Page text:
Manu Joseph on his new book: 'Wanted to bring Narendra Modi into fiction'
Veteran journalist and former editor of Open magazine, Manu Joseph is back with his third novel — Miss Laila, Armed and Dangerous, published by HarperCollins India
Veteran journalist and former editor of Open magazine, Manu Joseph is back with his third novel — Miss Laila, Armed and Dangerous, published by HarperCollins India. Miss Laila follows The Illicit Happiness of Other People (2012) and Serious Men (2010), and like its predecessors, showcases the dark humour — and nonchalant truth-telling — of Joseph's writing. Joseph answered a few questions for Firstpost about his latest book:
Miss Laila, Armed And Dangerous comes five years after Illicit Happiness of Other People. Could you please tell us a little about how you conceptualised this book, and also of the journey you’ve had as a writer, between your three novels?
I wanted to bring Narendra Modi into fiction. I liked the artistic challenge of doing that. In many ways, he is already a work of fiction. He is not only a projection of himself, but also the projections of millions. He is a hologram beamed by the people. So, when I saw that he actually used his own hologram during the election campaign I laughed like a fool. But in a novel you have slip to into the minds of the characters and I did not like that process. It was not working. So I abandoned the idea of having him as one of the central characters. But this process led to many other things which resulted in Miss Laila.
While there have been strong female characters in your previous books, Miss Laila marks the first time a protagonist (Akhila Iyer) is a woman. Two, if you count Laila as a protagonist as well. Did that present any particular challenges in writing this book, as compared to Serious Men or Illicit Happiness — even though those also involved, to a degree, taking on ‘voices’ that were alien to you?
There is a view that it is no big deal really for a writer to create the other gender because, according to this view, people are all the same, men and women are all the same. You are making up everything, so what is the big deal for a male writer to make up what is going inside a woman’s head? I am unable to respect this view. There is a difference between a story that is fictitious and a story that is fake. Even as we fabricate things, we have to be true to our characters. A character, like a human being, is a set of rules. There are things a character will do and things a character will not. It is very tough for me to create these rules for a female protagonist.
Akhila Iyer, the athletic prankster, was a person I may have once loved. I entered her mind through affection; when we like someone, we do a good job of sneaking into that mind. The other character, Laila, we do not see anything from her point of view. I did not wish to get into her mind for reasons that I do not want to go into in this interview. She is told from the point of view a little girl.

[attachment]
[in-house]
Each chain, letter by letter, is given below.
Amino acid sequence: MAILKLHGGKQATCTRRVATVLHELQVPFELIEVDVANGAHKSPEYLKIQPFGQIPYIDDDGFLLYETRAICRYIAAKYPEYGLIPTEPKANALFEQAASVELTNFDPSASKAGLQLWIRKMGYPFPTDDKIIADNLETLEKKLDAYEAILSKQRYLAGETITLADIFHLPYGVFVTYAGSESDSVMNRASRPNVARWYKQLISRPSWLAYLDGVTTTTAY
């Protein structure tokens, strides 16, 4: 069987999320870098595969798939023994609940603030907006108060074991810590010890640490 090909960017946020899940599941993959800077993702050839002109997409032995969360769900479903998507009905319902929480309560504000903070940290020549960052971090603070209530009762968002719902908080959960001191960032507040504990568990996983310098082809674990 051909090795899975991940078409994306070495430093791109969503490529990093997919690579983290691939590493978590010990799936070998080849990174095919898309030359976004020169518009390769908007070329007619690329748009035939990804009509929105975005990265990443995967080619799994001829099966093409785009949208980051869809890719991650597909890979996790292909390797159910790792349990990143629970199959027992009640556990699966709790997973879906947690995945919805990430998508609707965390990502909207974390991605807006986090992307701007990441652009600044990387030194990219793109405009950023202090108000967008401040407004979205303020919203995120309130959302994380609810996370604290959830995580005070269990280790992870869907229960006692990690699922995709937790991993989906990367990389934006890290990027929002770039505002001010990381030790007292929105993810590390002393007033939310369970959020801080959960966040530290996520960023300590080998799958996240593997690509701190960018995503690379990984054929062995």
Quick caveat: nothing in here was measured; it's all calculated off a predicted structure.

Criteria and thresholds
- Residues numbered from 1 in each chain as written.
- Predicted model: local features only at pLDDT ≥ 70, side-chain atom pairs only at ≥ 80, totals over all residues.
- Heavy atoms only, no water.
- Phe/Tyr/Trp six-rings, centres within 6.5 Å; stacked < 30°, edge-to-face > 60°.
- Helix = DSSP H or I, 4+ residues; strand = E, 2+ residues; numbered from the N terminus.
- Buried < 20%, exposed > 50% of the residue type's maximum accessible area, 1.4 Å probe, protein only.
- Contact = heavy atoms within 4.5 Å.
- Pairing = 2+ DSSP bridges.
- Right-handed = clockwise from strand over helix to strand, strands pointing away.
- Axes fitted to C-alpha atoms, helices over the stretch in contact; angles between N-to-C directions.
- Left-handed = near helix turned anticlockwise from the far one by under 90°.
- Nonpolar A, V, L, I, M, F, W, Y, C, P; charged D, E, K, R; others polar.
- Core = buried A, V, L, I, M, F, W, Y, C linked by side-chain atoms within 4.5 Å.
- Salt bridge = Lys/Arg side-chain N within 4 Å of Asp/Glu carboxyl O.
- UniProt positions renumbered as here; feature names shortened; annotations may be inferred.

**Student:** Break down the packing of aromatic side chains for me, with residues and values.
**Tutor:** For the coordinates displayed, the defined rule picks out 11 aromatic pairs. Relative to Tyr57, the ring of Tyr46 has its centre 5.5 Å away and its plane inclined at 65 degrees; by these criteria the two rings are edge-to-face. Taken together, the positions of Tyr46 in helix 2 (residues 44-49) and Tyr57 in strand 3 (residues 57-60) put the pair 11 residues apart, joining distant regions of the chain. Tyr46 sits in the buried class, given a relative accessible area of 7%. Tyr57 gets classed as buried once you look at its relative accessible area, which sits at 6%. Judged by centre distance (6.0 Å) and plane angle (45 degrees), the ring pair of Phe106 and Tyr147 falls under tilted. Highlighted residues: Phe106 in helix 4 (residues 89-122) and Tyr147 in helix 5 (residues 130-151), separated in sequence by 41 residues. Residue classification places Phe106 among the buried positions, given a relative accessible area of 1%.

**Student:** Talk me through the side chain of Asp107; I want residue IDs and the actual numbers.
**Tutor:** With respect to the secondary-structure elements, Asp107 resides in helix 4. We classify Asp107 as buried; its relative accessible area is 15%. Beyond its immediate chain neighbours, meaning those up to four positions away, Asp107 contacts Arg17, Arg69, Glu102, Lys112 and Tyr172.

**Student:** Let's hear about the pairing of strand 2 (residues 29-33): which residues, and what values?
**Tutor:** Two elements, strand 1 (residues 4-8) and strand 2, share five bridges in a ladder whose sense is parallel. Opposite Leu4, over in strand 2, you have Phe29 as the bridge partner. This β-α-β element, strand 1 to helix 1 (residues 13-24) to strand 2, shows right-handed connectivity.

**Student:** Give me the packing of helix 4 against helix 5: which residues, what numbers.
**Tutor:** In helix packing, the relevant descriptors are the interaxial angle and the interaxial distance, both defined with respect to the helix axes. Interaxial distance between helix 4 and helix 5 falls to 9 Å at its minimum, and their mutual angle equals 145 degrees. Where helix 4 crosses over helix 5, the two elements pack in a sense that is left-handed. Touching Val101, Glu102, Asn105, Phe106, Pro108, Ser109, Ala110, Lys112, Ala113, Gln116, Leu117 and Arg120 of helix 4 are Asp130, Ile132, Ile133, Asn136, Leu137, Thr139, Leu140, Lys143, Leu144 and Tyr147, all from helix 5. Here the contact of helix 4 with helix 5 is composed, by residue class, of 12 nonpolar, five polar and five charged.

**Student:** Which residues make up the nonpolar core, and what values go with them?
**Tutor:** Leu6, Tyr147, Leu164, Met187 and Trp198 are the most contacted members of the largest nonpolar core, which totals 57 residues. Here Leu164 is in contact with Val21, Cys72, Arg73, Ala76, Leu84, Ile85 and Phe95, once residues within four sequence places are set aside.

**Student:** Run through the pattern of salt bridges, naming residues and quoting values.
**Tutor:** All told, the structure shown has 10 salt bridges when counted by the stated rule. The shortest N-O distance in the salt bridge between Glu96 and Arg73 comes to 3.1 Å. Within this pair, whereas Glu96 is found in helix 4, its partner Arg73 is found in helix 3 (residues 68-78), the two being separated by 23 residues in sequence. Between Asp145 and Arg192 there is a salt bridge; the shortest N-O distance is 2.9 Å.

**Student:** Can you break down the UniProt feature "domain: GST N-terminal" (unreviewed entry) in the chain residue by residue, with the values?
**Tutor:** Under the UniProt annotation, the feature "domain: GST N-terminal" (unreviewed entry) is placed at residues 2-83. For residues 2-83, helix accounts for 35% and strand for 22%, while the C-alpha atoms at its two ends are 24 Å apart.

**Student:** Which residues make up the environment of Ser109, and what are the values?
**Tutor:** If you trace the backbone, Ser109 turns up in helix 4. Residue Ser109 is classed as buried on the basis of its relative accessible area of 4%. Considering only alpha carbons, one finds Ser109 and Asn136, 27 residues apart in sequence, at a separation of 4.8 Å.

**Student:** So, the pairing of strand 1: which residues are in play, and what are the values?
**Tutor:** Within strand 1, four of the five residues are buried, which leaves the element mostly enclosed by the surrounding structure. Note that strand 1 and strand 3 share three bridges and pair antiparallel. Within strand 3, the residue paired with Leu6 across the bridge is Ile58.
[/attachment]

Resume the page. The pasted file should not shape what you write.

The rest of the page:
One major evolution in me as a novelist (over these three books) is that I can now write children. I want to tell all of them all the time, ‘you don’t intimidate me anymore’.
When Serious Men was described as a satire, you’d mentioned that that was more a reader’s experience of it than how you set out to write it. But Miss Laila is very much a satire. Would you agree?
Yes, you are right, one strand of Miss Laila is political satire. I have used pranks to make fun of some very serious men, some of them patriots, some of them Empathy Uncles.
We’ve seen this vein of dark humour in your writing in your previous books — the scene from Illicit Happiness in which Thoma learns his father is in the hospital comes to mind. And we see that in Miss Laila as well. How do you make humour work so well with tragedy?
In the scene that you mention — from Illicit Happiness... — the little boy is rehearsing a school play, and he is in a frock when his mother, who is often dressed like a house maid, comes to inform him that his father has had a heart attack. Now this woman and this boy in a frock go through the most tense period of their lives as they are almost sure the man is dead and the doctors are not telling them the truth. You are absolutely right in observing that there are similar moments in Miss Laila.
There are many parts to what we generally perceive as humour. One is that it is a fundamental property of life and exists in all situations. You keep staring at a moment, a slice of life, a simple truth, there is something absurd about it and absurdity is funny. For example, the news that some villagers are sending their old parents into the forest in the hope that they would be eaten by tigers, a form of death that is eligible for government compensation. We cannot deny this is also funny. We confuse funny with happy, because sometimes it is, but most of the time funny is a type of seriousness, or an accurate depiction of seriousness. Often, humour points to something deeply absurd in our circumstances. Humour can work only if we are spot-on.